Why do I start humming Soarin’s score when peeling an orange? Why does a peculiar smell of ‘burning wood’ put a smile on my face? What makes shampoo remind me of Disney? Am I just an obsessed lunatic?! (Note: to that question, probably. I felt compelled to update this post in 2018 with a couple of new favorites.)
It turns out that something else might be at play. “Scent-evoked nostalgia,” is a hot topic among scholars right now and might explain why certain Walt Disney World scents trigger emotional reactions and memories. For Disney fans, this might seem like old news. Disney perfected the art of triggering emotions via scent years ago. In fact, there’s probably no better case study of scent-evoked nostalgia than exists in Disney fans. That’s in large part due to the concerted efforts of WDI’s division of Smellagineers. (I don’t think that’s an actual type of Imagineer, but it totally should be.)
Nostalgia is something I contemplate regularly when it comes to Disney. How it keeps pulling me back, causes me to view the parks from a certain perspective, and ultimately, gives me certain biases. From a sensory perspective, nostalgia is undoubtedly strong, too. We covered how the sounds of the parks have this impact a while ago, and virtually every other post covers the visual and culinary feast the parks are for our nostalgia. This is the first time we’ve taken an in-depth look at the role played by scents.
Try explaining to a non-Disney fans that one of the scents that puts a smile on your face is, essentially, dirty water that boats float around in all day. Seriously, try it. If your friends and family didn’t already think you’re crazy, this could be what pushes them over the top.
Yet, despite the reality of what this water is, many of you were probably nodding in agreement as you read this entry on the list. I’m guessing/hoping that it’s some cleansing agent treating the stagnant, slightly musty water that gives it that “special” smell I love. Regardless, I have no shame in admitting that the smell of dirty boat water puts a smile on my face.
9. Main Street, USA
If you’ve ever read one of the myriad “37 Unbelievable Disney Secrets!” sorts of lists on the various clickbait sites, you’ve undoubtedly read about the “piped in” scents outside the Confectionary and Main Street Bakery that lure guests into those shops. To be honest, I’m not entirely sure this is a true fact, or another urban legend that’s permeated the internet and become accepted as fact by virtue of repetition.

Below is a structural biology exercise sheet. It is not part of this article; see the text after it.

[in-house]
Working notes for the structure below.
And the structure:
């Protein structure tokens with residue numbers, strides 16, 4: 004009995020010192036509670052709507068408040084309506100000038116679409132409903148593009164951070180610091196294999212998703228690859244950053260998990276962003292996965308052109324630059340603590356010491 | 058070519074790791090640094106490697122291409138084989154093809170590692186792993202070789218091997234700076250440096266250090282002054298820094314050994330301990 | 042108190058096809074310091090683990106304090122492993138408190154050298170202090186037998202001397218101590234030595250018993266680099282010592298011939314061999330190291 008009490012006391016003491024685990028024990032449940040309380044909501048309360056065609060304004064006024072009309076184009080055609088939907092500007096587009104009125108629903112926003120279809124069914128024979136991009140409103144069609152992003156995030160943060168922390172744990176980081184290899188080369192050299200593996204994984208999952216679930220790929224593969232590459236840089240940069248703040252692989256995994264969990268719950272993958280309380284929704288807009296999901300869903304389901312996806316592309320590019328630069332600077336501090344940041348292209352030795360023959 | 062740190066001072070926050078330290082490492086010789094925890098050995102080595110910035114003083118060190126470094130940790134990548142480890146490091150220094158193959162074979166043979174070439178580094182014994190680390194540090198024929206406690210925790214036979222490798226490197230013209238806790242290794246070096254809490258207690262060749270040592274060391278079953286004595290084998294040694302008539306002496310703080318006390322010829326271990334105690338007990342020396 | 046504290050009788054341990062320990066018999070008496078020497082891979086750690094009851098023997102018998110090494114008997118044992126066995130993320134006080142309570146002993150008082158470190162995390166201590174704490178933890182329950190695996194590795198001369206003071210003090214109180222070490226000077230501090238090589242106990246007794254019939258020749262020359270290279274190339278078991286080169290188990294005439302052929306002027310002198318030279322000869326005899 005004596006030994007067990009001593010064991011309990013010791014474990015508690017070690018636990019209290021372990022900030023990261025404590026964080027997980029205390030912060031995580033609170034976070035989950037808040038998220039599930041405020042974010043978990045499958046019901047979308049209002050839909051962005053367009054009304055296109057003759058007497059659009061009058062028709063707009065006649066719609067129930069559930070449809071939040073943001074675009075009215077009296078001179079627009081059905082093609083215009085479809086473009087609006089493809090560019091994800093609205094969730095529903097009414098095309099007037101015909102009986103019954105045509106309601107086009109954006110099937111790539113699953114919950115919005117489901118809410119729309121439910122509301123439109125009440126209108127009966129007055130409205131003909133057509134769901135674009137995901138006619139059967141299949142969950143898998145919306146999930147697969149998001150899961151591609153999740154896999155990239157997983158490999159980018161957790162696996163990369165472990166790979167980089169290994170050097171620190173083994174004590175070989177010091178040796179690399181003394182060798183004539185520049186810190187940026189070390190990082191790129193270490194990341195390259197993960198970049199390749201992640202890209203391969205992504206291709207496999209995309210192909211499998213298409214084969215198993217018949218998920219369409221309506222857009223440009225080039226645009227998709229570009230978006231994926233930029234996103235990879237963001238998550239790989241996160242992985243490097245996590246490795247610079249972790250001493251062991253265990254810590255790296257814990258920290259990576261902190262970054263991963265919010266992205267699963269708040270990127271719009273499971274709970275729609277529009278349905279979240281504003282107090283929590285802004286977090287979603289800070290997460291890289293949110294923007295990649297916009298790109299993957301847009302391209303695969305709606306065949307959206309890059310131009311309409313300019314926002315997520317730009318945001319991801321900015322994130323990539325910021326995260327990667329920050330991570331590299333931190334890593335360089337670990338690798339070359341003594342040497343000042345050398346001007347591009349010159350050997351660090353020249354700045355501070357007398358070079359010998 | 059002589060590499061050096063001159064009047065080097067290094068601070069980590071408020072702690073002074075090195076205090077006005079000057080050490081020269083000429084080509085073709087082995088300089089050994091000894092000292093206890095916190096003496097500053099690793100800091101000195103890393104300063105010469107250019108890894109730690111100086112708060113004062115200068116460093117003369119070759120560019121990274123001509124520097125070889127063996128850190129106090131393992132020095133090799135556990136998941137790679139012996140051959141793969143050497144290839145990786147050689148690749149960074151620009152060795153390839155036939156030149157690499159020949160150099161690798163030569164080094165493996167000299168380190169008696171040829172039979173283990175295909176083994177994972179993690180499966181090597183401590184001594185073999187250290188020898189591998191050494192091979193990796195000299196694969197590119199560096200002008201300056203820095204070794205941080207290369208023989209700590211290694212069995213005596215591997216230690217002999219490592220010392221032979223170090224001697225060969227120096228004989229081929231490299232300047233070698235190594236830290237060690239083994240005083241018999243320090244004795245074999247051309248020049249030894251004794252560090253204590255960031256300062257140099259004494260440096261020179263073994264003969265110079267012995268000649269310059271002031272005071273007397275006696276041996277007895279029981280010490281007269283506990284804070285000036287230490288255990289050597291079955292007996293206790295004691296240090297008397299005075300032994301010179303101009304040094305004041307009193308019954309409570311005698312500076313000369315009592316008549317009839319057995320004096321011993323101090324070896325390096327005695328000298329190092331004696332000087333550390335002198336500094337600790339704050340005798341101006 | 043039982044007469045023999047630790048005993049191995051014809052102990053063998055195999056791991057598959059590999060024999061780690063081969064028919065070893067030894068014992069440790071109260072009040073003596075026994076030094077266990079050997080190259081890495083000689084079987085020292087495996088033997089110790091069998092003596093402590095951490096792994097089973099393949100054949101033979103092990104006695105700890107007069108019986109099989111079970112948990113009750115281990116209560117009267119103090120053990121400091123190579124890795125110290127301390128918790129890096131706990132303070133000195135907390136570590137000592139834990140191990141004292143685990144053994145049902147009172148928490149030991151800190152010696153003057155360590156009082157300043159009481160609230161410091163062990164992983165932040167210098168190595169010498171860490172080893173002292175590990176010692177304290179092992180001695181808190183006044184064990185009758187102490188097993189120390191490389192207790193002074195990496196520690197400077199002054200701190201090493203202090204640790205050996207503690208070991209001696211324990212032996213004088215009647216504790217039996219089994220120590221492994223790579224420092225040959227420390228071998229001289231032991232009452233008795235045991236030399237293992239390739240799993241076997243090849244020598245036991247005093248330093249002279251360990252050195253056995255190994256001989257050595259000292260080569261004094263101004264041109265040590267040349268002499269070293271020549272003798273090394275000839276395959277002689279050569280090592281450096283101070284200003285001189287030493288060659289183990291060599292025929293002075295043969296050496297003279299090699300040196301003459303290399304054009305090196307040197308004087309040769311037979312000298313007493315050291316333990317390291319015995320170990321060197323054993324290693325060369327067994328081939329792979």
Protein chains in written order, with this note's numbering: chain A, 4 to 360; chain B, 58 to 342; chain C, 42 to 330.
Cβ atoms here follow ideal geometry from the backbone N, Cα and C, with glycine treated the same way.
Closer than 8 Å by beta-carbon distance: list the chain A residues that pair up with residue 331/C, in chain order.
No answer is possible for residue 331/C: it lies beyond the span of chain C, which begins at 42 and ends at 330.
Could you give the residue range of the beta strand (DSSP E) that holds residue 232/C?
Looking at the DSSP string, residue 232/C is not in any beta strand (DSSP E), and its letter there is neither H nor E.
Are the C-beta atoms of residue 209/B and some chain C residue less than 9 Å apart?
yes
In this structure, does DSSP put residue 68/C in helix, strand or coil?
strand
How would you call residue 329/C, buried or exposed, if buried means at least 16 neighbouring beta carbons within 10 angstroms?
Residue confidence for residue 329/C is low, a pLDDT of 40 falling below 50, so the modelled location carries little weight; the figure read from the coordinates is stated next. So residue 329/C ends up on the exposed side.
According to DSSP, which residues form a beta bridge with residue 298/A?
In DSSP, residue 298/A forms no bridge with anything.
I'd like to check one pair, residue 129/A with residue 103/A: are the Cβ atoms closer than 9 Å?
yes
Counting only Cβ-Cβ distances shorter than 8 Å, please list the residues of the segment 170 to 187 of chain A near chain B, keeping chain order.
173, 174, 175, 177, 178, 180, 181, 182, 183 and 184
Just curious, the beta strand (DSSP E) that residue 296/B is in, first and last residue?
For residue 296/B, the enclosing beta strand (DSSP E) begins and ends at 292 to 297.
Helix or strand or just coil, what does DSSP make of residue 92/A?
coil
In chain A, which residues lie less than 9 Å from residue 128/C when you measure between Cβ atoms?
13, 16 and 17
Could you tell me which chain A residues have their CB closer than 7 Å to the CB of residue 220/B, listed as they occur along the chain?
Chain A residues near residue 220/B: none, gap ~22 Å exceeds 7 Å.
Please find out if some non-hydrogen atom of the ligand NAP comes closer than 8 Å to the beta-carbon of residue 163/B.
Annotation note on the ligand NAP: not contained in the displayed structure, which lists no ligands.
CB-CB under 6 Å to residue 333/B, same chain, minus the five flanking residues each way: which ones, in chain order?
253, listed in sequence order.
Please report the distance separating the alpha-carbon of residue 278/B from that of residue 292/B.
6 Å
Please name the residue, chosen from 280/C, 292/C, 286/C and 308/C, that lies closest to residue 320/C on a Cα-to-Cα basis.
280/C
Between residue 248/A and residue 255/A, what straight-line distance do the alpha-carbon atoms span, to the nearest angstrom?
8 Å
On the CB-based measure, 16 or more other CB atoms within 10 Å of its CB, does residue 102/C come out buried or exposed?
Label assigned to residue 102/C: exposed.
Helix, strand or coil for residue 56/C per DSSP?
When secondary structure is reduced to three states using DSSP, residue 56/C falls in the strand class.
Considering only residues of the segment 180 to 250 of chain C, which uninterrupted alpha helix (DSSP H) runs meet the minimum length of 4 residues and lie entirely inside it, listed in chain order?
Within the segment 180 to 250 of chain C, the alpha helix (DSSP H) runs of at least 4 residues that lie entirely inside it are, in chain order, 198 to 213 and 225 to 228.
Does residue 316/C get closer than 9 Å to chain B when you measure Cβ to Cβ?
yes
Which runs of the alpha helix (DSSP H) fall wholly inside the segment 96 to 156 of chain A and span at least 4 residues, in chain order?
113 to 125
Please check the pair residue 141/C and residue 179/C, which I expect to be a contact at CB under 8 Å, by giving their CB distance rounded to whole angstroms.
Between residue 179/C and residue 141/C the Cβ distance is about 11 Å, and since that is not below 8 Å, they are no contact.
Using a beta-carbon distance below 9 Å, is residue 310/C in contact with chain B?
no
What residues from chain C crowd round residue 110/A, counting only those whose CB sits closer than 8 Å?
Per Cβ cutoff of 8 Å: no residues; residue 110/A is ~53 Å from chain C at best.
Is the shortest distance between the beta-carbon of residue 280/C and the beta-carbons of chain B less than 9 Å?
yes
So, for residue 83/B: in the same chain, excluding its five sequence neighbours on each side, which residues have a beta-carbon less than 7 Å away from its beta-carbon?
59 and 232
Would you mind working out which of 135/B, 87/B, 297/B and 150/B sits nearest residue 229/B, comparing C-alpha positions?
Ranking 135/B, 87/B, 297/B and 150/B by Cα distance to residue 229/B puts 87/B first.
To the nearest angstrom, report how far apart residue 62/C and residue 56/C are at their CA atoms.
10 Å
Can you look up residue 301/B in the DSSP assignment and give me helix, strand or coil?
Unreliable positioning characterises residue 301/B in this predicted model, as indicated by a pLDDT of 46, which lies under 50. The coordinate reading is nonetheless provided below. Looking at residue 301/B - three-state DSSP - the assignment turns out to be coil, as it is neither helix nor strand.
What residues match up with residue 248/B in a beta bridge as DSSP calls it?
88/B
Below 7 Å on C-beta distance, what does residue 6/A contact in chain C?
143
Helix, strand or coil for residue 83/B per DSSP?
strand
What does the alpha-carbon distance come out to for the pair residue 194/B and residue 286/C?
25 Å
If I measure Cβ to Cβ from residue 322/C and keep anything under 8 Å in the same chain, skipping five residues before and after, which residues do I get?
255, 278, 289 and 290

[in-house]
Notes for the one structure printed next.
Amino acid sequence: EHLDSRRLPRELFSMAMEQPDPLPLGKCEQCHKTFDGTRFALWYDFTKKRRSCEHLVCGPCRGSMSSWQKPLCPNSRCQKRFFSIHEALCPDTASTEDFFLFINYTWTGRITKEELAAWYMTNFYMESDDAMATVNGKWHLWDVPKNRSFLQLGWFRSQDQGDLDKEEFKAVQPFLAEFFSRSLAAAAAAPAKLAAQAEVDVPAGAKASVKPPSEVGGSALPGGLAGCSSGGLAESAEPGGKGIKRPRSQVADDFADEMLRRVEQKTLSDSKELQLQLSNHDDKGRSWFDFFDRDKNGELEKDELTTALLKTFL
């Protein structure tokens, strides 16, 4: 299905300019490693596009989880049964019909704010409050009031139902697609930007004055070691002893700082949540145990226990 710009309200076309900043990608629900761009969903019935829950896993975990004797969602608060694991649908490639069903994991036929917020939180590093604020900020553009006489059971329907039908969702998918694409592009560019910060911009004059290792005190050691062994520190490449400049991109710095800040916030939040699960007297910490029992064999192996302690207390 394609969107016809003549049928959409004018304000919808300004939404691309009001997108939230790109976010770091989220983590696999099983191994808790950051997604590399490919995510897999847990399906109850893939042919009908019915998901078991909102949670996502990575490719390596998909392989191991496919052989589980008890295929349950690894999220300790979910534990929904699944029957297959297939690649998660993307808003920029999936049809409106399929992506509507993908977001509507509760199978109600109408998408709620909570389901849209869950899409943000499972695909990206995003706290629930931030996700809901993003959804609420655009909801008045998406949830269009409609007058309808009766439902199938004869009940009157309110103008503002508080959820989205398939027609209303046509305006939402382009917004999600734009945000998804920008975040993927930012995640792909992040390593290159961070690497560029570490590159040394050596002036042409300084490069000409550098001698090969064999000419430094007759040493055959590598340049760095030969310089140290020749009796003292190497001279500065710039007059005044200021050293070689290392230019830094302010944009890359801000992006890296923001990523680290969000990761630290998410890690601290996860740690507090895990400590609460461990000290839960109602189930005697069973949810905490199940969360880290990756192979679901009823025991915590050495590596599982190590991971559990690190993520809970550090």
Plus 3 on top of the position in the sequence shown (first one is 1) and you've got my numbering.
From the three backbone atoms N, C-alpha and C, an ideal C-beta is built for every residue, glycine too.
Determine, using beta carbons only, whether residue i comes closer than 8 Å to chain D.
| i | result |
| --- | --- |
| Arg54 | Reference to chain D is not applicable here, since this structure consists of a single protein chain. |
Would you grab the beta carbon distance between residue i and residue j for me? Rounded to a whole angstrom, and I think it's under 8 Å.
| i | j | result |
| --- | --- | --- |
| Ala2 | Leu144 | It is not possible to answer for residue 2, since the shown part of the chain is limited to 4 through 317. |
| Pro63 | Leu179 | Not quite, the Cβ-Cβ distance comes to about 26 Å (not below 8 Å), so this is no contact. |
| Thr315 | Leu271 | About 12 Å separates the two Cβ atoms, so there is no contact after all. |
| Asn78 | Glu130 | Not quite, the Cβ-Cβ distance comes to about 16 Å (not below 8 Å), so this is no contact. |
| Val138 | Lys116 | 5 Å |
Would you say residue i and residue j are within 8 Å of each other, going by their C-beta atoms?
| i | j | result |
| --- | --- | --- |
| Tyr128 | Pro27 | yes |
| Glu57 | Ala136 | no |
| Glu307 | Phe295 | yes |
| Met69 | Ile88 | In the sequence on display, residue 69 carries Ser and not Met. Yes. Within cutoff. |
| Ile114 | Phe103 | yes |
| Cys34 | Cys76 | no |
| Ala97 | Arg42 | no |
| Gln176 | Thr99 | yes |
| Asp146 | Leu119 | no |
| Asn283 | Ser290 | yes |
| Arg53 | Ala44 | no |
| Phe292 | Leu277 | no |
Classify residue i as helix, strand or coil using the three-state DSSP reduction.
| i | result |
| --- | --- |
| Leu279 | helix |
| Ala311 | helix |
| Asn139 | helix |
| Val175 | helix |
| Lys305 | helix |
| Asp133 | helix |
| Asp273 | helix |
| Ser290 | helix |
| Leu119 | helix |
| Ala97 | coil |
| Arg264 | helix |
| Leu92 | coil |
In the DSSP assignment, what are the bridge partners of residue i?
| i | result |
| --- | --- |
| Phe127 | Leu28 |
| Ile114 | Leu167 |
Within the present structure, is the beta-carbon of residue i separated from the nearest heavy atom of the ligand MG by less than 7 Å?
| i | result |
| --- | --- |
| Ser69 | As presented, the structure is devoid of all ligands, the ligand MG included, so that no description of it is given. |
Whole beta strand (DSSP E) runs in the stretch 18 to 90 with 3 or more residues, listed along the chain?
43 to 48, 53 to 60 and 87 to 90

It is true that Disney pioneered the use of “Smellitzers” in attractions (some of which are discussed below), but it’s possible the scents outside these shops are accomplished via ventilation of the kitchens used to prepare the treats on-site. Either way, these shops evoke strong memories of wandering Main Street at night.
8. PhilharMagic Pie
PhilharMagic makes me nostalgic for the “Disney Renaissance” animated classics with which I grew up, and the smell of apple pie makes me nostalgic for PhilharMagic, and for Magic Kingdom.
This Glade apple pie spray–a dead ringer for the PhilharMagic smell–in turn makes me nostalgic for college, because Sarah and I used to spray it heavily in our dumpy apartment back in the day. Phew, that’s a lot of nostalgia!
7. Soarin’ Around the World
Soarin’ Around the World had a tough act to follow. From the orange groves of Camarillo to the pines of Lake Tahoe to the ocean mist of Malibu, Soarin’ proved once and for all that California is the best-smelling state in the U.S.
Personally, I don’t think Soarin’ Around the World manages to hit these same high notes on the olfactory scale. (But it’s already grown on me, so maybe I’ll feel differently in another few years once scent nostalgia takes hold.) Sure, there’s the wonderful fragrance of the Taj Mahal, and some other great scents, but others leave something to be desired. Overall, though, it’s still one of the best attractions at Walt Disney World from a scent perspective.
6. H20 Soaps
I’ll be honest with you: I can’t remember the last time I bought shampoo. Every time we travel to Walt Disney World (or any Disney destination), I stock up on shampoo from our room. The exact scents vary (from resort tier to tier, and they’ve also changed over time), but each of the scents is a distinct reminder of Disney.
It’s probably because that’s how I remember smelling from particular trips (much the way that certain sunscreen still reminds me of childhood visits to Typhoon Lagoon), and I love the memories the soaps can trigger. (It’s the same idea as bringing a ScentSicles I recommend in our Unique Packing List for Disney to give a scent to the trip). There are certain bottles of shampoo that are more treasured that others that I only use on special occasions, such as my Hotel MiraCosta shampoos that I’ve been rationing for the last 2 years.
While my collection might seem large in the photo above, this is actually the lowest I’ve been on H20 products in a while. Yeah, I might have a slight problem. If you aren’t a cheapskate like me, you can purchase H20 shampoo in larger bottles.